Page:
Chua's thesis, like most similar arguments, is plausible in some areas and implausible in others. Any explanation that tackles as big a subject as that is bound to have as many hits as misses.
And yet it's undeniable that some cultures succeed where others fail.
The politically correct left has long ago lost the ability to distinguish between culture and race; denouncing everything from criticism of Islam to complaints about gang culture as racist. It treats culture as equivalent to race because it doesnt believe that people are capable of change.
The left views people as static. Culture is equivalent to race for them, because they dont believe that people can change. Or that they should change.
The cast of successful cultures in Chua's book is more than racially diverse enough, but it's the idea that people succeed or fail because of their attitude toward life, rather than because of their privilege or lack of privilege that infuriates the left.
Setting aside the details of her positions, Chua's last two books can be boiled down to the simple fact that people who try harder are more likely to succeed and that is not an argument that the left wants aired in the public square. What was once common sense is now dangerously reactionary.
No one succeeds on their own, Elizabeth Warren and Obama insisted. They succeed only through the grace of state institutions. It's not family or culture that matters. It's the support of the state.
But the support of the state isn't enough for individuals or for businesses. Obama lavishly doled out government money to Green Energy companies only to see them fail. With corporate welfare, as with social welfare, the need for government money is a reliable predictor of failure. Those who cannot succeed on their own, will not succeed through the government.
Government money could not compensate for what was inherently wrong with companies like Solyndra, Fisker or A123. It also can't compensate for what is inherently wrong with individuals and communities that are prone to failure, not because of someone else's privilege, but because they have never learned how to try.
The left does not want to deal with the question of why some people succeed and others fail since its entire ideological infrastructure is built around the argument of unequal access. Individuals don't fail, progressives from Obama to Bill de Blasio insist, social institutions fail them.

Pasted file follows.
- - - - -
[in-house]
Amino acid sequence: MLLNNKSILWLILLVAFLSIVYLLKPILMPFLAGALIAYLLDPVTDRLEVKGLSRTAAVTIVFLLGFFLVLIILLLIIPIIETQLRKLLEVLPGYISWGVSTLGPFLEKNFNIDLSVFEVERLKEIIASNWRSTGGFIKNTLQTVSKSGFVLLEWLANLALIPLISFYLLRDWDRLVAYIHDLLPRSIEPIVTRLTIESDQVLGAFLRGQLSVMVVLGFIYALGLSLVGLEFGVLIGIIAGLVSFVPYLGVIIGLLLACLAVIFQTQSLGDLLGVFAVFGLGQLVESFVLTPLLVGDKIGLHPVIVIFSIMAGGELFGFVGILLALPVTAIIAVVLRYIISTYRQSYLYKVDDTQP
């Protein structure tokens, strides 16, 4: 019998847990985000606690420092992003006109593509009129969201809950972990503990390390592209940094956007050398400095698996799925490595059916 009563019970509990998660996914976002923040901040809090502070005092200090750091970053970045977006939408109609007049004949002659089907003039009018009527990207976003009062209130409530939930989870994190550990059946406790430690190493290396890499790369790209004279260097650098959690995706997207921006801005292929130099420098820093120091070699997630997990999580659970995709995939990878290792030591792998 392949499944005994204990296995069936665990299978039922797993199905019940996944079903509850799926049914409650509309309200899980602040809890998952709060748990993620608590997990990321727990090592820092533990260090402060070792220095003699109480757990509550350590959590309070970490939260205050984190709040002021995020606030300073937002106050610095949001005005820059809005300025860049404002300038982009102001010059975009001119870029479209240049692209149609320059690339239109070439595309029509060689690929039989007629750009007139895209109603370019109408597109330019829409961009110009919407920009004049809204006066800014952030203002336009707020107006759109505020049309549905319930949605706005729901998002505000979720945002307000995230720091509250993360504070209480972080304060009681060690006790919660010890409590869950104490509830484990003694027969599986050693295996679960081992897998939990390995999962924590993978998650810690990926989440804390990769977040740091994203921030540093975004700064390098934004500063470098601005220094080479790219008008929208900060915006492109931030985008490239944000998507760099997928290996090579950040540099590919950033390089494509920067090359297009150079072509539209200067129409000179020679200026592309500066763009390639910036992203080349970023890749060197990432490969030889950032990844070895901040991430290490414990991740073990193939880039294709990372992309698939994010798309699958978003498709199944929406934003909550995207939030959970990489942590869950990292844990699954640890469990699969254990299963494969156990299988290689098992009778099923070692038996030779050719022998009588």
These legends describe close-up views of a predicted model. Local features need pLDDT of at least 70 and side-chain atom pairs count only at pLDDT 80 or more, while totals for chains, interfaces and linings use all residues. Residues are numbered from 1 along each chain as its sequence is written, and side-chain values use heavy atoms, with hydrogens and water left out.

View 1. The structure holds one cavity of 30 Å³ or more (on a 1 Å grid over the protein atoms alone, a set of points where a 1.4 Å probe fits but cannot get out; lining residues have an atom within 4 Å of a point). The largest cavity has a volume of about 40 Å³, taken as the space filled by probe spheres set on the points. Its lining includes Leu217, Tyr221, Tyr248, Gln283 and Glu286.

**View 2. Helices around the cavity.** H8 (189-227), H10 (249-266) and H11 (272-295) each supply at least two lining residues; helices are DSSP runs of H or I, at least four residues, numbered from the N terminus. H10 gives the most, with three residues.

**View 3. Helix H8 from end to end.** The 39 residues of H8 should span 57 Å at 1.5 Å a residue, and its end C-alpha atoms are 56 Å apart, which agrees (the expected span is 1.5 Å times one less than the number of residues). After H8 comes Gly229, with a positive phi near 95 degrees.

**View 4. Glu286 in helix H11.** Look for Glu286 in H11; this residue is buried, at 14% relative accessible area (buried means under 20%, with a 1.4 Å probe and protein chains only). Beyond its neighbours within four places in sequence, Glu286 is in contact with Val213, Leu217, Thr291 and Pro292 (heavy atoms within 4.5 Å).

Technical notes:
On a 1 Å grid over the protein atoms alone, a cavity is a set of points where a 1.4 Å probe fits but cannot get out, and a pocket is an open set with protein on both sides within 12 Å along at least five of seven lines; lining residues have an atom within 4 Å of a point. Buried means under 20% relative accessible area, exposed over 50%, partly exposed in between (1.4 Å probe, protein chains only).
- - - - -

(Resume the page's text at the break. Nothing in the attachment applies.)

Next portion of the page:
The New York Times trotted out a young black girl named Dasani living in a dilapidated homeless shelter as its argument that the city had been subdivided between the rich and the poor. Dasani made another appearance at Bill de Blasio's inauguration as a prop for class warfare.
But the city didn't fail a girl whose parents are criminals and junkies and have burned through tens of thousands of dollars. Dasani isn't living on the margins because Mayor Bloomberg or the institutions of the city failed her. On the contrary those institutions have lavished huge amounts of money and resources on her schooling and on every aspect of her life.
If Dasani fails, it's not because the larger society failed her, but because her parents failed her. And the roots of their failure lie in communities where drug use and delinquency have become accepted and commonplace.
The left insists that people are interchangeable. They are not. It insists that their failures and successes belong to the guiding hand of the state. They do not.
Institutional determinism is why the Great Society measures failed. The progressive response to these failures has been to discover new and more abstract forms of racism culminating in white privilege to explain why the lack of access is holding some groups back.
There is an entire academic industry dedicated to turning out proofs of racism to explain failure and yet there are indisputable studies out there documenting things such as the diminished grade levels and higher crime rates for students from single parent homes on a worldwide scale.
While the left pushes harder for its post-family world of powerful institutions, there are reams of data showing how destructive trading the family for the state is. And there is no group of people that embodies that better than African-Americans whose lives have been taken over by the state.